Where are we on prescription drug pricing reforms?
There has been a lot of congressional activity on prescription drug pricing. Since the beginning of the 116th Congress, there have been 11 hearings on prescription drug pricing; two more are scheduled for this week. Additionally, over 60 bills relating to prescription drug pricing have been introduced this Congress, and that number continues to grow. 10 of those bills have moved through committees. These bills have been marked up by the House Energy & Commerce Committee, Judiciary Committee, and the Ways & Means Committee. These bills are likely to be approved by the House, move forward through the Senate and make it to the President’s desk. In fact, two of the 10 bills (Purple Book Continuity Act of 2019 and Orange Book Transparency Act of 2019) will be voted on in the House on May 8. However, the bills moving through the House could be considered low hanging fruit as they focus on transparency, reporting and generics, rather than targeting drug pricing.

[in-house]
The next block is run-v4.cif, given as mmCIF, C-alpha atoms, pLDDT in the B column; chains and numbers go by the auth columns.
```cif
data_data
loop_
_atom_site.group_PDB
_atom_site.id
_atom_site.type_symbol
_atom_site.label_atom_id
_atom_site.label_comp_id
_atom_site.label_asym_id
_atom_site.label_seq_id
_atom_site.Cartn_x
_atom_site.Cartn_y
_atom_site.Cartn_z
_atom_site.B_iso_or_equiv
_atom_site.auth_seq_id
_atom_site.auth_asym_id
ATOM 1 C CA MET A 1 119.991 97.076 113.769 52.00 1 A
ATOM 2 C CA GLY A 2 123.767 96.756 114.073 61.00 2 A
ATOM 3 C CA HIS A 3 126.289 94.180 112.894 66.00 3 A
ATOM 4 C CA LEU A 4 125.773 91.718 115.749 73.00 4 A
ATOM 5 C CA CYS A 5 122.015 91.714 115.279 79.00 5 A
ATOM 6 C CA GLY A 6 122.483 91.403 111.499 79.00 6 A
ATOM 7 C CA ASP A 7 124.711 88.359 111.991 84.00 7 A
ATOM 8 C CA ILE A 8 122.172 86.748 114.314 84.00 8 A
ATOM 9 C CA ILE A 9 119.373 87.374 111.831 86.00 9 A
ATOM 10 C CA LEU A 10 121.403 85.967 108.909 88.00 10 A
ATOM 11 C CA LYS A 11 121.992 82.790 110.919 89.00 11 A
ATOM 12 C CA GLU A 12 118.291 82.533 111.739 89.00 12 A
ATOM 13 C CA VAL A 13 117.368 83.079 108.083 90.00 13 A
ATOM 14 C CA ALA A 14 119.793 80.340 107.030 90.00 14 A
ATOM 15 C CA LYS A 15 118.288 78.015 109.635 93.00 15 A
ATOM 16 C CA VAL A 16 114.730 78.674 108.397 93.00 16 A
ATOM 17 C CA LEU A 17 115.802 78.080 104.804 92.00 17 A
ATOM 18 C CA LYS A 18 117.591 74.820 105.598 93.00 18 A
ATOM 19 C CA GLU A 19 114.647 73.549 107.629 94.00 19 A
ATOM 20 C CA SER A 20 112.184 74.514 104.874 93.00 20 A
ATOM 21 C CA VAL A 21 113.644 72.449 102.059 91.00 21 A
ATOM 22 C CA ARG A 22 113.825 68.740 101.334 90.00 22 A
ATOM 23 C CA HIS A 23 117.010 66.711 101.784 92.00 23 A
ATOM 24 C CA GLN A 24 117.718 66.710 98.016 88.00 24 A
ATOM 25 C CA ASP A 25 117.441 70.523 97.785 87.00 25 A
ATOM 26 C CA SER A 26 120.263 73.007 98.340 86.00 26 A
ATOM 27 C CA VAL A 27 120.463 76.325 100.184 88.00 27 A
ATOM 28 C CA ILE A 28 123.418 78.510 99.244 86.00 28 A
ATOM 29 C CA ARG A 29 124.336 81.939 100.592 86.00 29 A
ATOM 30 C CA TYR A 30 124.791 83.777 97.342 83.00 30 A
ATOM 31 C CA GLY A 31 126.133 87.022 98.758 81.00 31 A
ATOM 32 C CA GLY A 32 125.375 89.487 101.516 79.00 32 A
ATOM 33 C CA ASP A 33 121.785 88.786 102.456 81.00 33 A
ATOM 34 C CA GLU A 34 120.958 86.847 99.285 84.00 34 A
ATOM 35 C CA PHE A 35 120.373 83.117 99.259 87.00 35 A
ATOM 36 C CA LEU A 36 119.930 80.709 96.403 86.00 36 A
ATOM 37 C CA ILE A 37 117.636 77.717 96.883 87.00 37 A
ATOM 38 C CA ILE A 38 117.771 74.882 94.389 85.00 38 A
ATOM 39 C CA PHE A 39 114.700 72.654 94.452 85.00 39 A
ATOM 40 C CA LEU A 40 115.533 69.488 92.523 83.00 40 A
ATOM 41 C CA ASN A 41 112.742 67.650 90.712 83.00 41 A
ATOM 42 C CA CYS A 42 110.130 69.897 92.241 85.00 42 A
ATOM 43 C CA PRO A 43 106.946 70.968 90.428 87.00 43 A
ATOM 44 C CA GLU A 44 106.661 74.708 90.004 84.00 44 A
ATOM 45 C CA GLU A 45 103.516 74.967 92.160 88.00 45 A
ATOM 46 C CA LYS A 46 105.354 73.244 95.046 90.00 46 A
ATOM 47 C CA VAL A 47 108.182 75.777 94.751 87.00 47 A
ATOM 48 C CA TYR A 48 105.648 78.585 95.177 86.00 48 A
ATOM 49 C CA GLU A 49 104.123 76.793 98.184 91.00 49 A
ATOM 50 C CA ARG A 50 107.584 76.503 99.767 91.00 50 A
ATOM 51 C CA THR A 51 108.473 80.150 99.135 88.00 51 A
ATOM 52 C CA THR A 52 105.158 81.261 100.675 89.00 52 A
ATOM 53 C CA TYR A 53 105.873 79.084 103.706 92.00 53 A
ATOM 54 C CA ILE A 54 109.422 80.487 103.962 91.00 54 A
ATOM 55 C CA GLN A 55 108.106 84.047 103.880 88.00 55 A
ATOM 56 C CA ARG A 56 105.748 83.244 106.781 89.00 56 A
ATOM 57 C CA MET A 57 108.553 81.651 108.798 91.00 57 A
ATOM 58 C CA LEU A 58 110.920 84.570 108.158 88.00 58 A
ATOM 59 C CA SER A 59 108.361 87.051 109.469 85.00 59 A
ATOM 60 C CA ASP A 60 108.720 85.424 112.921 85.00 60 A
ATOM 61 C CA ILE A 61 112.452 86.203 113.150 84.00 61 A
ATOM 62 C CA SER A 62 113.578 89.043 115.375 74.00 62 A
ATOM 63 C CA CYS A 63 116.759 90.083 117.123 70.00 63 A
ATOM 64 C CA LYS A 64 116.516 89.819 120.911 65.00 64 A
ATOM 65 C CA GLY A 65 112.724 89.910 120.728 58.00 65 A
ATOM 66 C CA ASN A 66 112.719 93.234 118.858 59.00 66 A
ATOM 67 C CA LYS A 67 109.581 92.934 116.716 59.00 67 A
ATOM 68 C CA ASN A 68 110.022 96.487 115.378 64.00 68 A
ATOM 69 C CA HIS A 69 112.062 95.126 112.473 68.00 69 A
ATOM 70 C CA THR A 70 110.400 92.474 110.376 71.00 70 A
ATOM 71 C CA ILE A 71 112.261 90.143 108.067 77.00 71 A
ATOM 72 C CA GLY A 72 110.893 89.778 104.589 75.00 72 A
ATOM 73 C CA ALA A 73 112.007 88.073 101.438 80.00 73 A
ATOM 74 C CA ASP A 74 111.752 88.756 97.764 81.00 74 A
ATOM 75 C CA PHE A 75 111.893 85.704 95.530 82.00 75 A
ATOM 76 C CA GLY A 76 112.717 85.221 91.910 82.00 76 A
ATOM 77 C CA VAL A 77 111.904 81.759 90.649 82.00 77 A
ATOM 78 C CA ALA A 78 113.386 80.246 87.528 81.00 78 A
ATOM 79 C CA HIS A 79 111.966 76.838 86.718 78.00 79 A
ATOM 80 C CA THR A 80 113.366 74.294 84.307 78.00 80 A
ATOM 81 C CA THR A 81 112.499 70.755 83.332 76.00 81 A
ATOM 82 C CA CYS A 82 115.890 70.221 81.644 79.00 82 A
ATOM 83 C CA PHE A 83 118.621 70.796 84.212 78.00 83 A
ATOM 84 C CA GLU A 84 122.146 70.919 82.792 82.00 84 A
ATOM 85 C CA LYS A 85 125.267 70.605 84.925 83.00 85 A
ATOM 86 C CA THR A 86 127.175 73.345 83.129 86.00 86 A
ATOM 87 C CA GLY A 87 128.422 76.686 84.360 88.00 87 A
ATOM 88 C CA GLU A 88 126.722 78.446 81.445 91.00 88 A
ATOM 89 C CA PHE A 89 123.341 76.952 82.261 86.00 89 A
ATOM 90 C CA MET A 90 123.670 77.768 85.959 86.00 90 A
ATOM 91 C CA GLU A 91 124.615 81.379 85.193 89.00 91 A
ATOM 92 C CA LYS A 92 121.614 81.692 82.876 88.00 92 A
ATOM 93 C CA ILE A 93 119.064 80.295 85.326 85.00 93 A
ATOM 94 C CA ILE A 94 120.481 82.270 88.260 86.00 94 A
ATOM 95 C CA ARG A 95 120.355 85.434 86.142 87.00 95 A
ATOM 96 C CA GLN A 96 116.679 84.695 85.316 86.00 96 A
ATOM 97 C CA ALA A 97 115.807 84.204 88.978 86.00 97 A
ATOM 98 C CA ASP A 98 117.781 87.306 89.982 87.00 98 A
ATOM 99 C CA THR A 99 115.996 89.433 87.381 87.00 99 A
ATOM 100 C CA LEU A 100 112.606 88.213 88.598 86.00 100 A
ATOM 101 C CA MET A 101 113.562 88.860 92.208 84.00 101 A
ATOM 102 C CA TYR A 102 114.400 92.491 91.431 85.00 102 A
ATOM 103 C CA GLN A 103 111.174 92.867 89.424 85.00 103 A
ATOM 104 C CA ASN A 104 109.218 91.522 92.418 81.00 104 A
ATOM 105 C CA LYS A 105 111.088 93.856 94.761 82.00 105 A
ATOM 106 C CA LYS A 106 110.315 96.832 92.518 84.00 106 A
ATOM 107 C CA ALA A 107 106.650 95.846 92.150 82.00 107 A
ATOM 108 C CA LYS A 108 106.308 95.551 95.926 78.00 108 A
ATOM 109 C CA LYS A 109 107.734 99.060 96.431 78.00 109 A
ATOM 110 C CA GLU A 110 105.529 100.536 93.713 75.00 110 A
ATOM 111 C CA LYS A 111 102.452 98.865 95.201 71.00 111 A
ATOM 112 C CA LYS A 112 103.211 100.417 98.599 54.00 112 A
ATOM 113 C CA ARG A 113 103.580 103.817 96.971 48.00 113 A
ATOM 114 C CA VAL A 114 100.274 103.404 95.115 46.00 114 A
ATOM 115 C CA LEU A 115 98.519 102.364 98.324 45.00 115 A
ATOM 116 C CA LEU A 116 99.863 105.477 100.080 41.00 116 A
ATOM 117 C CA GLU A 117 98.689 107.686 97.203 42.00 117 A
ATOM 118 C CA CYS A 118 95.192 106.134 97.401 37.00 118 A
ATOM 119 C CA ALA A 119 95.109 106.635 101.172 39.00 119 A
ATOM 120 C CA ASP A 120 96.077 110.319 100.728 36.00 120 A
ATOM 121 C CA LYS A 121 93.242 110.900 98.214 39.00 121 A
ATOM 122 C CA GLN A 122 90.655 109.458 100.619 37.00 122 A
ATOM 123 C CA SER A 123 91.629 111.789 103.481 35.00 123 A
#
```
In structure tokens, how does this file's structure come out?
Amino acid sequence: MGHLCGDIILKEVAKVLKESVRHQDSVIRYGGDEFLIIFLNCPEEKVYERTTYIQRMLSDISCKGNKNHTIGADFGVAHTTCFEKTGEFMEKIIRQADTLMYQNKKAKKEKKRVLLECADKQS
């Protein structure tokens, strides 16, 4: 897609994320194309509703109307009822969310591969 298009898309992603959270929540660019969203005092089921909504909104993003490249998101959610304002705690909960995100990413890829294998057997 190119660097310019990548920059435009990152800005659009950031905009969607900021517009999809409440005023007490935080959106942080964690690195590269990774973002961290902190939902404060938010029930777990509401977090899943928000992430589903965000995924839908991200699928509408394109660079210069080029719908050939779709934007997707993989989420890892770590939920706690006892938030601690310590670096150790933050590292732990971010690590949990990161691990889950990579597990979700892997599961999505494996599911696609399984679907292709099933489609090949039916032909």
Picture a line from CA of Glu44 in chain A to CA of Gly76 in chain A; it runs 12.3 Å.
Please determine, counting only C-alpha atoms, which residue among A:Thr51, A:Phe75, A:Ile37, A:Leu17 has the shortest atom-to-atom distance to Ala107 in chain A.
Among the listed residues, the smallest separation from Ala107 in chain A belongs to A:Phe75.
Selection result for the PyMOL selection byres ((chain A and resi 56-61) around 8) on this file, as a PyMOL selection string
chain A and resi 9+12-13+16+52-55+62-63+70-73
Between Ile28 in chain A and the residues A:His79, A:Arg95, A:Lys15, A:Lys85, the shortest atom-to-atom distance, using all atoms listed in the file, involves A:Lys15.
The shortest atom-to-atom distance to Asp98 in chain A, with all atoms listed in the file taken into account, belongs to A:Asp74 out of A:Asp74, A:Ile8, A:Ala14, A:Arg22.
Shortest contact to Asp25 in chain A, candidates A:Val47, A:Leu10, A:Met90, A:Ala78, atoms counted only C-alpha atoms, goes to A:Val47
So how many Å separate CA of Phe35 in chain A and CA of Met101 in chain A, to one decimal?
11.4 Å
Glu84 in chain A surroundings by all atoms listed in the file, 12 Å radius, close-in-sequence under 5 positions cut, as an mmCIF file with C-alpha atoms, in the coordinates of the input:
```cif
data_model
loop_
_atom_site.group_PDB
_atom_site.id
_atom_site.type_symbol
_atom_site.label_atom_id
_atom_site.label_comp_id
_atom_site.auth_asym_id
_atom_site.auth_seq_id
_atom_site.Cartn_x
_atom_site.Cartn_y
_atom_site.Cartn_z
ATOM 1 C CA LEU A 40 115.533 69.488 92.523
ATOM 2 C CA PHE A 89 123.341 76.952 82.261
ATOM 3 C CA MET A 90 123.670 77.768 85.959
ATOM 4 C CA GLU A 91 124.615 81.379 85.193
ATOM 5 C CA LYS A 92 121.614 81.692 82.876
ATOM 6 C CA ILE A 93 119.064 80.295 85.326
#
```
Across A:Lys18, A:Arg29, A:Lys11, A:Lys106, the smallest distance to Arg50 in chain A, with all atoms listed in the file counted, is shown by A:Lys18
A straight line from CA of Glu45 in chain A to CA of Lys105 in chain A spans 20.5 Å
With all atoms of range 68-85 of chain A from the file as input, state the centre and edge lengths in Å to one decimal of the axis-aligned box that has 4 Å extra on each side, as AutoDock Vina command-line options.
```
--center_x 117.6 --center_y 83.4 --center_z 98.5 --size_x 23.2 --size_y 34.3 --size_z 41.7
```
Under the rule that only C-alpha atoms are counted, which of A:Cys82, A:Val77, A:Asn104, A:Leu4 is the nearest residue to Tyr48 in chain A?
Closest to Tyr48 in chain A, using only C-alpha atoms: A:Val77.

Democrats are also eyeing more aspirational prescription drug pricing policies. House Ways & Means Chair Richard Neal and Energy & Commerce Chair Frank Pallone signaled that they are working with progressive Democrats to introduce a more far-reaching drug pricing package. This is expected to be a separate package that examines larger pricing reform ideas. Such a progressive package could make it out of the House, but likely has little chance of advancing in the Senate.
The White House and the Speaker’s office are also in communications on a prescription drug pricing package. If Republican and Democratic leaders can reach agreement on drug pricing reforms, bold change could be advanced. However, it remains unclear if Democrats are willing to sign onto a package that is led by or coordinated with the White House.
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